New Zealand ISPs are hurriedly patching their servers to avoid attacks from phishers and domain spoofers as the global DNS emergency rolls on.
The process has been far from smooth for some, however, as a premature disclosure of the flaw is forcing providers to apply patches with little time for testing.
Vodafone was testing a patch for its DNS servers last week, spokesman Paul Brislen told Computerworld. The patch was expected to be rolled out by Wednesday night, but a test on Thursday morning showed the servers remained unpatched.
Brislen says that Vodafone’s engineers have been aware of the issue for a while, but haven’t seen any attempts to exploit it yet.
As of Thursday, Vodafone’s DNS servers appeared to have poor source-port randomness in Computerworld’s testing. Brislen says, however, that Vodafone’s firewall would protect against the flaw being exploited.
Regional ISP Inspire Net patched its DNS servers as soon as remedies were available, says founder James Watts. There have, however, been issues with the quick-fix patch causing excessive load on Inspire’s DNS servers, Watts adds.
Inspire has had to move up to a beta version of the latest DNS code to deal with the load issue, he says, adding that the provider is currently working on implementing DNSSEC security extensions to mitigate future issues.
Telecom’s head of PR for consumer and business, Nick Brown, says Telecom has been working “swiftly” with its technical partners to protect against the vulnerability.
Brown says Telecom has patched its major DNS system and is doing further testing to ensure it is effective.
While it may appear from the outside that Telecom’s DNS isn’t patched, Brown says that Telecom is confident the measures put in place mean the company is secure from the vulnerability.
Paul Vixie, president of Internet Systems Consortium (isc.org), the non-profit organisation that develops and supports the Berkeley Internet Name Domain, or BIND, the most commonly used name server on the internet, says providers should “hurry up no matter what” and patch.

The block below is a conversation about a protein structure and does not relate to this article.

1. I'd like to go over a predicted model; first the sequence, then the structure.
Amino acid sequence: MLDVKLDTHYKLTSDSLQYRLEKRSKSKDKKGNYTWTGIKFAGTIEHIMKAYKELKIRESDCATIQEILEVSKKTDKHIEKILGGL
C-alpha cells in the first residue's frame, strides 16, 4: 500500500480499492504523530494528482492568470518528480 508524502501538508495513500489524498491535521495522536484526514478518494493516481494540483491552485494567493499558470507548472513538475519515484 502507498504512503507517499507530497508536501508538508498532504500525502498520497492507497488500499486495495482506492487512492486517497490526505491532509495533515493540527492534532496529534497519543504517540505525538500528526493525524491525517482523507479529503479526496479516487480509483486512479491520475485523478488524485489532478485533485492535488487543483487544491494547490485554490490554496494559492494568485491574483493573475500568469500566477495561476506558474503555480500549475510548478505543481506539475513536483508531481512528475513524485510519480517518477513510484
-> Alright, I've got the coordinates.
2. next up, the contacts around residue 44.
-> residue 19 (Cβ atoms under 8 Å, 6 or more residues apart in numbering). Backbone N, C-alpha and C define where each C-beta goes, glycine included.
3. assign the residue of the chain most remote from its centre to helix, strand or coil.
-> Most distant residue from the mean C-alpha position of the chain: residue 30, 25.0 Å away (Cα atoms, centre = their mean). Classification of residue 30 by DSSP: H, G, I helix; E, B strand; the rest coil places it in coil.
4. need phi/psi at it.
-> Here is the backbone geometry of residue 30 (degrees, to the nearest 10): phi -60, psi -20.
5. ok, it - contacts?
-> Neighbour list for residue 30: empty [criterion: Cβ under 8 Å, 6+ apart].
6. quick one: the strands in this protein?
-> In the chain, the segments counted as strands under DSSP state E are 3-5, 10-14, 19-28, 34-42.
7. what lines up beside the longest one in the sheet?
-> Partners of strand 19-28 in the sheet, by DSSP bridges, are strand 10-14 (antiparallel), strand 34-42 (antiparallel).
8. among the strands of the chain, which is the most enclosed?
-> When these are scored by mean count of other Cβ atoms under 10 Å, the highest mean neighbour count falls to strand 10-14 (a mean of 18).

“We can infect a name server in 11 seconds now, which was never true before,” Vixie says.
Vixie says phishers will no longer have to make their domains appear like, for instance, paypal.com to steal your credit card details.
Instead, he says, the phishers can pollute the recursive name server you’re using with bad data for the actual paypal.com domain and just wait for you to go there in the normal course of your daily business.
By proxying all your input and the output from paypal.com, transactions will succeed and you’re none the wiser.
Vixie agrees that one major concern with the early disclosure of the flaw is that it puts millions of internet-connected devices such as home DSL routers and mobile phones at risk. Many of these run a DNS resolver and cache that could be poisoned by hi-jackers. Patching these devices is a long and arduous task.
David Ulevitch, founder of domain name service provider OpenDNS doesn’t mince his words when talking about the flaw: “It’s the most serious flaw to hit the internet,” he says.
There hasn’t been anything similar to the current flaw for the DNS in the last ten years, he says.
Lambasting the early disclosure as “irresponsible” and “everything that’s wrong with this industry”, Ulevitch says there are remedies available and that providers should patch now. He was, however, not aware of the flaw being exploited last week.
There are several tests for the vulnerability available on internet sites such as Dan Kaminsky’s doxpara.com and the DNS Operations, Analysis and Research Centre (dns-oarc.net).
Snapshot: Is your ISP patched? (Note: these tests were conducted on Wednesday and Thursday, some of the ISPs are reporting they are now patched.)
|(Note: some providers do not offer recursion on their DNS servers, which means Computerworld's tests do not work.)|
Update: UK website VNU reports first attack here.